Solo Sharker - Spencer Wright
Getting into Sharking on your own boat can be a massive buzz. The thing is on the Isle of Wight waters, where I’m based can be anything but easy. You can, and people do fish a whole season, without banking a single fish, and if you do manage to hook one, that fish can be huge!
Speaking to seasoned Shark skippers, they all said one thing to me at the beginning of my sharking journey - don’t be tempted to go out alone! It had been over 25 years, way back when I was just a teenager, that id last fished for Sharks, so it was going to be a big step up, to dedicate myself to fish for them alone, so in my mind, I was set, and I was up for it, 110%!
Now, I had put an awful lot of money into my boat and as selfish as it may sound, I didn’t want anyone else to reap the benefits of my effort, so going against the grain, I ignored the advice, and went it alone; I occasionally took the odd close mate out, but for the main part it was just me and my boat, which isn’t the safest thing to do without doubt and a hugely sketchy thing to undertake, so I will run you through my findings and thoughts on Sharking alone, and especially the safety aspect of it.
Firstly, I am fortunate enough to have a relatively large boat. A Mitchell 31, which was a big part of my plan, that I wanted to have a safe platform in which I fish from, especially in IOW area, which can be less than forgiving at the best of times!
One of the major obstacles whilst sharking is what to do if you are lucky enough to hook a fish and that is using the engine to assist in the fight. Now, fishing alone in a large boat is something of a hindrance, and for me, I learnt that I could walk up and around the bow of my boat, unaided which is of huge benefit to me, where other boats that may be an impossible task.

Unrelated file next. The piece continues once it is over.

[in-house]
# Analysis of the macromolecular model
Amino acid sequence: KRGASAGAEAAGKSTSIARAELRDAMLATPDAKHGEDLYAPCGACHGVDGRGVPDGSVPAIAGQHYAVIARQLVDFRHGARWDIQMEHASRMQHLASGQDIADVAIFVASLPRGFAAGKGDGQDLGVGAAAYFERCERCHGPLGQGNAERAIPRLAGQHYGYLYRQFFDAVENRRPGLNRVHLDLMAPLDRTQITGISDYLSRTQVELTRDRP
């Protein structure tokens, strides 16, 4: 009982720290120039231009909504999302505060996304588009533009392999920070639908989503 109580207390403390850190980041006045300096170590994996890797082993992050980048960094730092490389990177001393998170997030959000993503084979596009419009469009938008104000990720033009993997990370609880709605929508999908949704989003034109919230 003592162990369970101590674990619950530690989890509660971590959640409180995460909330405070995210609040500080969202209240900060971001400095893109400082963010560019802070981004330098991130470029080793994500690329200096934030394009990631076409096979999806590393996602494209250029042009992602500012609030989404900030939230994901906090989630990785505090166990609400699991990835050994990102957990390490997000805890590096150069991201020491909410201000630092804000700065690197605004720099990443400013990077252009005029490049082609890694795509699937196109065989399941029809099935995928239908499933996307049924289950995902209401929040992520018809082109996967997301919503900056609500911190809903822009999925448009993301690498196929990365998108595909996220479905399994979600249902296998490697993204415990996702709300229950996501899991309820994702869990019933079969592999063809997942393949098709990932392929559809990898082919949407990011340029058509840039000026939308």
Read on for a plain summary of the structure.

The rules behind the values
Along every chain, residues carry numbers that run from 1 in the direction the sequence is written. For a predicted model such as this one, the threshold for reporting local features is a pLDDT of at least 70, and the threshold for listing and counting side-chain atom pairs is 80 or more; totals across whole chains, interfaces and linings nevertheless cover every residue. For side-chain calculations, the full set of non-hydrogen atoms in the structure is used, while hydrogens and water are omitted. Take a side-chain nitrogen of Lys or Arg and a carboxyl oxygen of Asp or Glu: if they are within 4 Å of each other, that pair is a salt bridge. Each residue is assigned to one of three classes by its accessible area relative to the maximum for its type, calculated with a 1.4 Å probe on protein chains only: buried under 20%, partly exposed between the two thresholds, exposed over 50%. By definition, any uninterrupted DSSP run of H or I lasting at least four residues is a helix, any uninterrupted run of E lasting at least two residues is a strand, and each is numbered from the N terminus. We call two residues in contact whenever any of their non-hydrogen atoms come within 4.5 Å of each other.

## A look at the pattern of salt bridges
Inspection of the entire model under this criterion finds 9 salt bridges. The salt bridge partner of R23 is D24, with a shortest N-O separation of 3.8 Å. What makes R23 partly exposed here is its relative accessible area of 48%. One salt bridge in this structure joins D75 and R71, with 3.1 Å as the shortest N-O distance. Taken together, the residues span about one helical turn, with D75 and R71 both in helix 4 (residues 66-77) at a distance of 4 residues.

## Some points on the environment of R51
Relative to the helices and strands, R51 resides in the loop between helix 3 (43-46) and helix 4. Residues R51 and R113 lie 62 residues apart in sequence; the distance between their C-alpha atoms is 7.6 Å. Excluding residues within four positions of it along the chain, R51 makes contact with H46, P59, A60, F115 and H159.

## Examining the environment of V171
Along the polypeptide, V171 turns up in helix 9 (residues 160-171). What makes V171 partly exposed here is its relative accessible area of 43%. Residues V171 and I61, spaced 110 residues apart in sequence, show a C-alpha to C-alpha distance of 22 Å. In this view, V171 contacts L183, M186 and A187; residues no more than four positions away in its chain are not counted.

I have had a few times cases in which I have had to follow a fish, when it has gone off on an extreme run, and taken lots of line, so in them cases, I have has to put the rod in the holder, clip on a lanyard and start the engine.
Once underway I have had a few instances where I have had to try and steer the boat whilst attached to a fish with the rod tip stuck out the doorway, which isn’t a great position to be in, I can assure you!
On smaller boats people may be able to steer and drive the boat unaided. I have looked into getting a separate control fitted on the stern which would be a game changer for me, but the cost is such, that I cannot justify it, so just continue to fish, as I have, in relative safety.
Another item to bare in mind is that I don’t harness myself in. I use only a butt-pad in my fight. I am conscious of being strapped in and being alone on a boat, and knowing the strengths some of these fish can possess, it can be a worry, so purposely don’t strap in for that reason - It only takes one mistake, and you could easily go over the side, and the Shark would no doubt win in a hold-your-breathe contest, so not worth the risk in my eyes.
There are a few main factors which can cause you major headaches, and one of them which I certainly learnt my lessons from, is how many rods to use on the boat. I use two rods and wouldn’t advocate using more than that, under any circumstances. This is to reduce the possibility of tangles.